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Farmland Investment News - December 2014

Farmland Investment News - December 2014

Selling Land? Here are 5 Ways to Get the Most Bang for Your Buck
Jeff Caldwell | Agriculture.com — Making sure any land you might look to put on the market in the near or not-so-near future is in tip-top shape shouldn't be overlooked when you're looking to maximize any potential profits in a time when grain farm incomes are sliding. Read more.

Cotton Outlook Cut by Australia to Five-Year Low on Dryness
Phoebe Sedgman | Bloomberg Business Week — Australia cut its forecast for cotton output by 19 percent to the smallest in five years after dryness reduced planting in the world’s third-biggest exporter. Read more.

Land values continue to increase in the U.S. and Southwest
Don Smith | Southwest Farm Press - Lower commodity prices have not thwarted the upward trend in farm real estate values, at least not yet. In fact, farmland values in the “corn states” increased by double digits (as high as 22.5 percent for South Dakota) in 2014. Read more.

Farmland value varies in 2014
Amie Sites | AgriNews — When outlook for 2014 landed, farmland value appeared to have stopped increasing rapidly and was expected to either stay steady or drop, after increasing from 2006 to 2013. Read more.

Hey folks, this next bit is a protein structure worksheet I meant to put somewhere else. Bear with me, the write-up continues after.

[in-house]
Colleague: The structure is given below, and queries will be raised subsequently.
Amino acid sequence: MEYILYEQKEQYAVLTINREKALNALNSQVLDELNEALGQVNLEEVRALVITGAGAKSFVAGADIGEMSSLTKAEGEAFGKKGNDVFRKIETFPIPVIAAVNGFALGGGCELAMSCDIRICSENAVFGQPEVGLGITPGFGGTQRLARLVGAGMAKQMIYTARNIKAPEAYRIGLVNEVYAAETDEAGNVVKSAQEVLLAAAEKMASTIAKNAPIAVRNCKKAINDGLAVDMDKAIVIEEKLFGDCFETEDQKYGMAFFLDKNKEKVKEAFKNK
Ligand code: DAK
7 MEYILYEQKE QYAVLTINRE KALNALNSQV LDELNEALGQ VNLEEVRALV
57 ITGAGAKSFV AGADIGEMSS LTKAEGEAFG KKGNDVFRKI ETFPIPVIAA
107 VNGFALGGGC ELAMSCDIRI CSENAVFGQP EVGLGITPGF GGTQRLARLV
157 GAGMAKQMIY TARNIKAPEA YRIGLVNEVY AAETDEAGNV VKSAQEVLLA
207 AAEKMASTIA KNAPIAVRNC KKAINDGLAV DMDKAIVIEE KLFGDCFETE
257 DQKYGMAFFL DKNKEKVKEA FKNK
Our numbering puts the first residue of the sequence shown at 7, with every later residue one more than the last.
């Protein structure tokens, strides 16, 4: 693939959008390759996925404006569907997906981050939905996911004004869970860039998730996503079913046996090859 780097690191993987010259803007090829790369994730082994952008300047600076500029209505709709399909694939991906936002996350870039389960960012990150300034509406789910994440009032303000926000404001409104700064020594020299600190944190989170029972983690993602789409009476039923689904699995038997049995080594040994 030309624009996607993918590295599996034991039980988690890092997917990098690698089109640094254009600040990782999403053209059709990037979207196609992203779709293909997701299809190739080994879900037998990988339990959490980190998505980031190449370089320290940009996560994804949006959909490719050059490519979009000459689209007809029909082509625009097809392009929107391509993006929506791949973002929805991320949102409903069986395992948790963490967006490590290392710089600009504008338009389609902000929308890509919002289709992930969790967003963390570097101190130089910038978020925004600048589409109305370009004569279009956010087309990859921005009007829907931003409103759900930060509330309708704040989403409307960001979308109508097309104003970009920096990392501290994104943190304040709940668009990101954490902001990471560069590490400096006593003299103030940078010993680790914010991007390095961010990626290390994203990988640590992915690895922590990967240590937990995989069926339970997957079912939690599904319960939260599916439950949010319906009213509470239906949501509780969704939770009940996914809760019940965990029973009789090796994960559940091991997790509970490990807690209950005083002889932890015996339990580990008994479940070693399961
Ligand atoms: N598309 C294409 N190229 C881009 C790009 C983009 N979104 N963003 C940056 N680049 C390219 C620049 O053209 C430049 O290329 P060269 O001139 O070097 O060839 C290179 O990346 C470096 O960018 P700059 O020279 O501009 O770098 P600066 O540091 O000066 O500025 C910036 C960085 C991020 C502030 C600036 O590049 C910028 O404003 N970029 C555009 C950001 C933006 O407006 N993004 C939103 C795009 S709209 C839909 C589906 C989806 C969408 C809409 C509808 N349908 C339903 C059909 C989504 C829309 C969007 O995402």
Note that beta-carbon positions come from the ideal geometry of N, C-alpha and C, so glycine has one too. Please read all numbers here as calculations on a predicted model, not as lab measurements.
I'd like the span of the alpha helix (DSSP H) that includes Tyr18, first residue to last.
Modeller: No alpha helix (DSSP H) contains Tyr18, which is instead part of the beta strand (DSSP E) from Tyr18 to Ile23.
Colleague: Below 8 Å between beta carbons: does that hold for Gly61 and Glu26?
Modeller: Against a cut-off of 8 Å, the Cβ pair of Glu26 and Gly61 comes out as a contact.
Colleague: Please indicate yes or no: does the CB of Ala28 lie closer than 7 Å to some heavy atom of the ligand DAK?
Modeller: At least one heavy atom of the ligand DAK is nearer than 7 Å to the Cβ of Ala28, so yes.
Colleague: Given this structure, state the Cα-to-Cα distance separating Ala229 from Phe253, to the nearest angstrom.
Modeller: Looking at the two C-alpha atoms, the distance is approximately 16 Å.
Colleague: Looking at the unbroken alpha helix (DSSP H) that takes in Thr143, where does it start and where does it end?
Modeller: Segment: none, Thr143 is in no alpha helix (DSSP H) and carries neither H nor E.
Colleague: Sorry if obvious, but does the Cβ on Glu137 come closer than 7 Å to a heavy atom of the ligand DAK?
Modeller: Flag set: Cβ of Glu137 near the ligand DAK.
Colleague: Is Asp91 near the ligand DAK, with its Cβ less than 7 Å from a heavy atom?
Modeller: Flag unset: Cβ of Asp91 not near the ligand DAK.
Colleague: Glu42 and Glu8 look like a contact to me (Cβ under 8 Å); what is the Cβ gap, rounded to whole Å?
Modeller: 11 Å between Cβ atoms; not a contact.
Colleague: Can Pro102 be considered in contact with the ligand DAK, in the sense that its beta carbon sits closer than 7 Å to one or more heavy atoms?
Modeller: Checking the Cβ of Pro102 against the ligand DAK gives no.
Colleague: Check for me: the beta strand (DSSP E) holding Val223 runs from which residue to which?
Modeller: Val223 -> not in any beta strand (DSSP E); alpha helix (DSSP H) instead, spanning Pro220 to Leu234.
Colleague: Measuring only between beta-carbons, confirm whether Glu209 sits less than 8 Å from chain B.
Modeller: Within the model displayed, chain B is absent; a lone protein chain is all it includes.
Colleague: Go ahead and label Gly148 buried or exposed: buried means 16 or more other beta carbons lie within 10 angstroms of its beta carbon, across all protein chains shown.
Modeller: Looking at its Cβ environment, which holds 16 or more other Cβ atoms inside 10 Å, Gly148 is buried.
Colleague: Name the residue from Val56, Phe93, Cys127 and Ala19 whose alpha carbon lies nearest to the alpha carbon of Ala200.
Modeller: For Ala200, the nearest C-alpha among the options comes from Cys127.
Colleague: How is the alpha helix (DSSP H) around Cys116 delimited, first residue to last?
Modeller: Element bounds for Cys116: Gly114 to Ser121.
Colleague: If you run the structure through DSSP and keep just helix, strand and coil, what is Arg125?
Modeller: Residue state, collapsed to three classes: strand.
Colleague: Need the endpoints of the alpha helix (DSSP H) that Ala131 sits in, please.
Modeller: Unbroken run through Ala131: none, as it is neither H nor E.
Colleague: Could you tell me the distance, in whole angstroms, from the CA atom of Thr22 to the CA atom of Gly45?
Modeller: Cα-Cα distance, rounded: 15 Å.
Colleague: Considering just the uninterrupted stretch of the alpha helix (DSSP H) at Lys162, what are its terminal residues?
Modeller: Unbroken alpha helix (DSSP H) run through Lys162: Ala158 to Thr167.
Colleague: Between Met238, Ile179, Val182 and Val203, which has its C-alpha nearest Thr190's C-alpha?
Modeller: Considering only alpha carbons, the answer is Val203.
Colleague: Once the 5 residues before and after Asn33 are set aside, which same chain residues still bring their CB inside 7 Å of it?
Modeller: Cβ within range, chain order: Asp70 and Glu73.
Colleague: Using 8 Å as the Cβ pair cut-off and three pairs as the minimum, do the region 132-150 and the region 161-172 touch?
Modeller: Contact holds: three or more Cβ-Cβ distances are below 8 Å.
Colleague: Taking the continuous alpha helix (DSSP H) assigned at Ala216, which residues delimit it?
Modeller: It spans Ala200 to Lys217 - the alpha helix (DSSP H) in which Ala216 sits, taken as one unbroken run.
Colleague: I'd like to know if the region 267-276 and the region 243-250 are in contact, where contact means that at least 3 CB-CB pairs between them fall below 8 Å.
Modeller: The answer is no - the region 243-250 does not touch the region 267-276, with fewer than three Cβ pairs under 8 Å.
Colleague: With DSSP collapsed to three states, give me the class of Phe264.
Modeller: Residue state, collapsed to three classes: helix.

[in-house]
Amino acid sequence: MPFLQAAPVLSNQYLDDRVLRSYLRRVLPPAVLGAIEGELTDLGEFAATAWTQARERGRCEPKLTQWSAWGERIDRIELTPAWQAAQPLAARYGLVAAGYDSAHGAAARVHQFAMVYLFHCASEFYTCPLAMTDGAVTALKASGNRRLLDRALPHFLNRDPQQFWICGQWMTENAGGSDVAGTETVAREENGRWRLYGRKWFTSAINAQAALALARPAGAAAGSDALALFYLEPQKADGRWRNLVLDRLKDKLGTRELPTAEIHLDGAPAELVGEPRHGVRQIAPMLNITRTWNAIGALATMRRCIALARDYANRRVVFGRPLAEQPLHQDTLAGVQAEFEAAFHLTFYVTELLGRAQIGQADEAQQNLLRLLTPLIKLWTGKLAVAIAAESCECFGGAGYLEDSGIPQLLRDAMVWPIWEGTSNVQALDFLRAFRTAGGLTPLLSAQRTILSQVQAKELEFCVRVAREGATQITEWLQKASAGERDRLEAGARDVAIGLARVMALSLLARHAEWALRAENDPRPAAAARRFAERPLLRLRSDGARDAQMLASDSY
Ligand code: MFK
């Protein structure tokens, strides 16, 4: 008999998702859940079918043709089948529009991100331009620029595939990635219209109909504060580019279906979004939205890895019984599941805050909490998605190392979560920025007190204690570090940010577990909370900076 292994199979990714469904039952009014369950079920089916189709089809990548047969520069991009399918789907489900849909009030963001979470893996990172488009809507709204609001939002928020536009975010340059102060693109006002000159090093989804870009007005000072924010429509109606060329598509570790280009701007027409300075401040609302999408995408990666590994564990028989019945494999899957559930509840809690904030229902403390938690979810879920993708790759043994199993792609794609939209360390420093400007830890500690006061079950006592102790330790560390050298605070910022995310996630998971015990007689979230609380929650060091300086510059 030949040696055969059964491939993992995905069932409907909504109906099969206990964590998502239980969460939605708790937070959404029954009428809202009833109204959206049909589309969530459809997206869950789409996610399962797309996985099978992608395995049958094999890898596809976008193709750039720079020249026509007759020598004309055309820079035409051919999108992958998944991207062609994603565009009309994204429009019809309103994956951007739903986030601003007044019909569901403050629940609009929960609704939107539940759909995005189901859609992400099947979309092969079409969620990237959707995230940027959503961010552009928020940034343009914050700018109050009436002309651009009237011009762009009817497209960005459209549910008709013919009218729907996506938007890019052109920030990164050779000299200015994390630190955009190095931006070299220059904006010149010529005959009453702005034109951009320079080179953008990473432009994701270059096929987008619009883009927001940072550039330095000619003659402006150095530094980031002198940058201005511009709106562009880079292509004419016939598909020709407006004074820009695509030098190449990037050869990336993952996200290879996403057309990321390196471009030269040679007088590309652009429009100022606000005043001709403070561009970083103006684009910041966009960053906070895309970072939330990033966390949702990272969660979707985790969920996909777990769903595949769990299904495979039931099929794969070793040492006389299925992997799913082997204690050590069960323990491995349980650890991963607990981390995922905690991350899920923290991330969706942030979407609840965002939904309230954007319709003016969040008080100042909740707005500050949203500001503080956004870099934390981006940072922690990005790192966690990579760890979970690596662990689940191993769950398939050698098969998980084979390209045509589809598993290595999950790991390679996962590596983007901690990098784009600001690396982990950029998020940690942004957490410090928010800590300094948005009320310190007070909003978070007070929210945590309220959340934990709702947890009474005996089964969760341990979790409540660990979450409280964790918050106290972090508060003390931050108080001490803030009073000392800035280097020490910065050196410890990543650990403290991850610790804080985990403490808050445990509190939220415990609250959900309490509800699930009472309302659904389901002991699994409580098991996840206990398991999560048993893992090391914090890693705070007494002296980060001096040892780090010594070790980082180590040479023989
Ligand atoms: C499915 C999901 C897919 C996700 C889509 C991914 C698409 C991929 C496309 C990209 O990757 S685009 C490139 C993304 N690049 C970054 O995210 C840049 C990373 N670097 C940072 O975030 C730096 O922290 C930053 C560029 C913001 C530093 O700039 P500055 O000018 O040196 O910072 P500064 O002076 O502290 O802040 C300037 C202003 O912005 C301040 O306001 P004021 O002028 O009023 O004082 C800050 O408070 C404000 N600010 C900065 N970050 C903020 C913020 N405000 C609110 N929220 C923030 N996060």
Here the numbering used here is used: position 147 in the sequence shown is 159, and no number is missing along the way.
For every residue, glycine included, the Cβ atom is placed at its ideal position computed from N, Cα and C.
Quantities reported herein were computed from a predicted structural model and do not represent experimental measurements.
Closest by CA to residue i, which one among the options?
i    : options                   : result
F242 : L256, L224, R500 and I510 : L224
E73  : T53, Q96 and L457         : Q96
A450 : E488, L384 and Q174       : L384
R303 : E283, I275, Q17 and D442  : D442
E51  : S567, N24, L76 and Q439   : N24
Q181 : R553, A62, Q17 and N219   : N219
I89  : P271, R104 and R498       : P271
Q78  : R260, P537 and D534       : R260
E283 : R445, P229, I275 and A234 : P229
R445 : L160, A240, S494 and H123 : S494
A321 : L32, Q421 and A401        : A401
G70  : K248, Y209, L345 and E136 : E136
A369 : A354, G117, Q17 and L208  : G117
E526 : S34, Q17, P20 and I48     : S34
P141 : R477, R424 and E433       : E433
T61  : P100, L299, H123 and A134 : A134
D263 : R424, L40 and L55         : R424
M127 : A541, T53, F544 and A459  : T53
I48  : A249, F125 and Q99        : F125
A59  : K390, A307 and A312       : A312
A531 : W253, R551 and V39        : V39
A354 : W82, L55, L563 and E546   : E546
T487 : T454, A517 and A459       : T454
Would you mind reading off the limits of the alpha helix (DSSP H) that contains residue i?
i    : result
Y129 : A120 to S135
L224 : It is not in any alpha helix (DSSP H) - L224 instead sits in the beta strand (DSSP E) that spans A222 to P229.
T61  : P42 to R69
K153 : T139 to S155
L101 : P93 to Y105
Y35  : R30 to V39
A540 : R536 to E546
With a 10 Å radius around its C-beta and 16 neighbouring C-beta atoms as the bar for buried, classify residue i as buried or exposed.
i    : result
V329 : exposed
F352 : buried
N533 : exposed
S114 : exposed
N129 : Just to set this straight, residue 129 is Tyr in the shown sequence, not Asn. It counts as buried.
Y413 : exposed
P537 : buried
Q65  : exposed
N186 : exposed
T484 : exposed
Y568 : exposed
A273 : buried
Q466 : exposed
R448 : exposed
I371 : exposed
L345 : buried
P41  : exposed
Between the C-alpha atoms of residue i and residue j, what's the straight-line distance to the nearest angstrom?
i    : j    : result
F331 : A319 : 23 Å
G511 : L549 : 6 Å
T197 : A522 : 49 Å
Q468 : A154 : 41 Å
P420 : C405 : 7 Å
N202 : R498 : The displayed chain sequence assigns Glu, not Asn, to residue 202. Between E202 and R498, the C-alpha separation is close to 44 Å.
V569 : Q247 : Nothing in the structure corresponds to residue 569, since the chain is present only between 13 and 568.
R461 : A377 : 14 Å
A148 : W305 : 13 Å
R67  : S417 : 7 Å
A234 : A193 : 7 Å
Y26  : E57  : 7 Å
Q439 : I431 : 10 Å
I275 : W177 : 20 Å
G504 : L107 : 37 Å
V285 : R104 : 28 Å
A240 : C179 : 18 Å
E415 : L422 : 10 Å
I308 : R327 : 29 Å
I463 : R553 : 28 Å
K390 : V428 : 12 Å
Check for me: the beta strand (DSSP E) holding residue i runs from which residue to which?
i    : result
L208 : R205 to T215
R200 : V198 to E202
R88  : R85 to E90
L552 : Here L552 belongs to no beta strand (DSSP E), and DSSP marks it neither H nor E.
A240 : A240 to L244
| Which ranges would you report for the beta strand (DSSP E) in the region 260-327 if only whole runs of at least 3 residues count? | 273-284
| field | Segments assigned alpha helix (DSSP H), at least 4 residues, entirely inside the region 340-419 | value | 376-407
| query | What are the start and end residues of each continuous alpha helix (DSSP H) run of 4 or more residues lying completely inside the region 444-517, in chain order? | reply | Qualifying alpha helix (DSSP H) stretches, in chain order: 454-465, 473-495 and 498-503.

US farm profits to slump along with grain prices
Rob Krasny | Ag Professional Magazine — Falling grain prices and rising expenses will drag 2014 U.S. farm sector profits to their lowest since 2010 and have resulting effects that include less capital investment and a moderation of growth in farmland values, the Department of Agriculture said. Read more.

Beginning farmers differ demographically from established farmers
Delta Farm Press - Beginning farmers are more likely to be female and hold a four-year degree. Read more.

Fed Banks: US Farmland Values Steady, Weakness Ahead
Christine Stebbins | Reuters — “Forty-nine percent of the responding bankers predicted a decrease in the volume of farmland transfers relative to the fall and winter of a year ago, while only 11 percent predicted an increase,” the Chicago Fed said. Read more.

 

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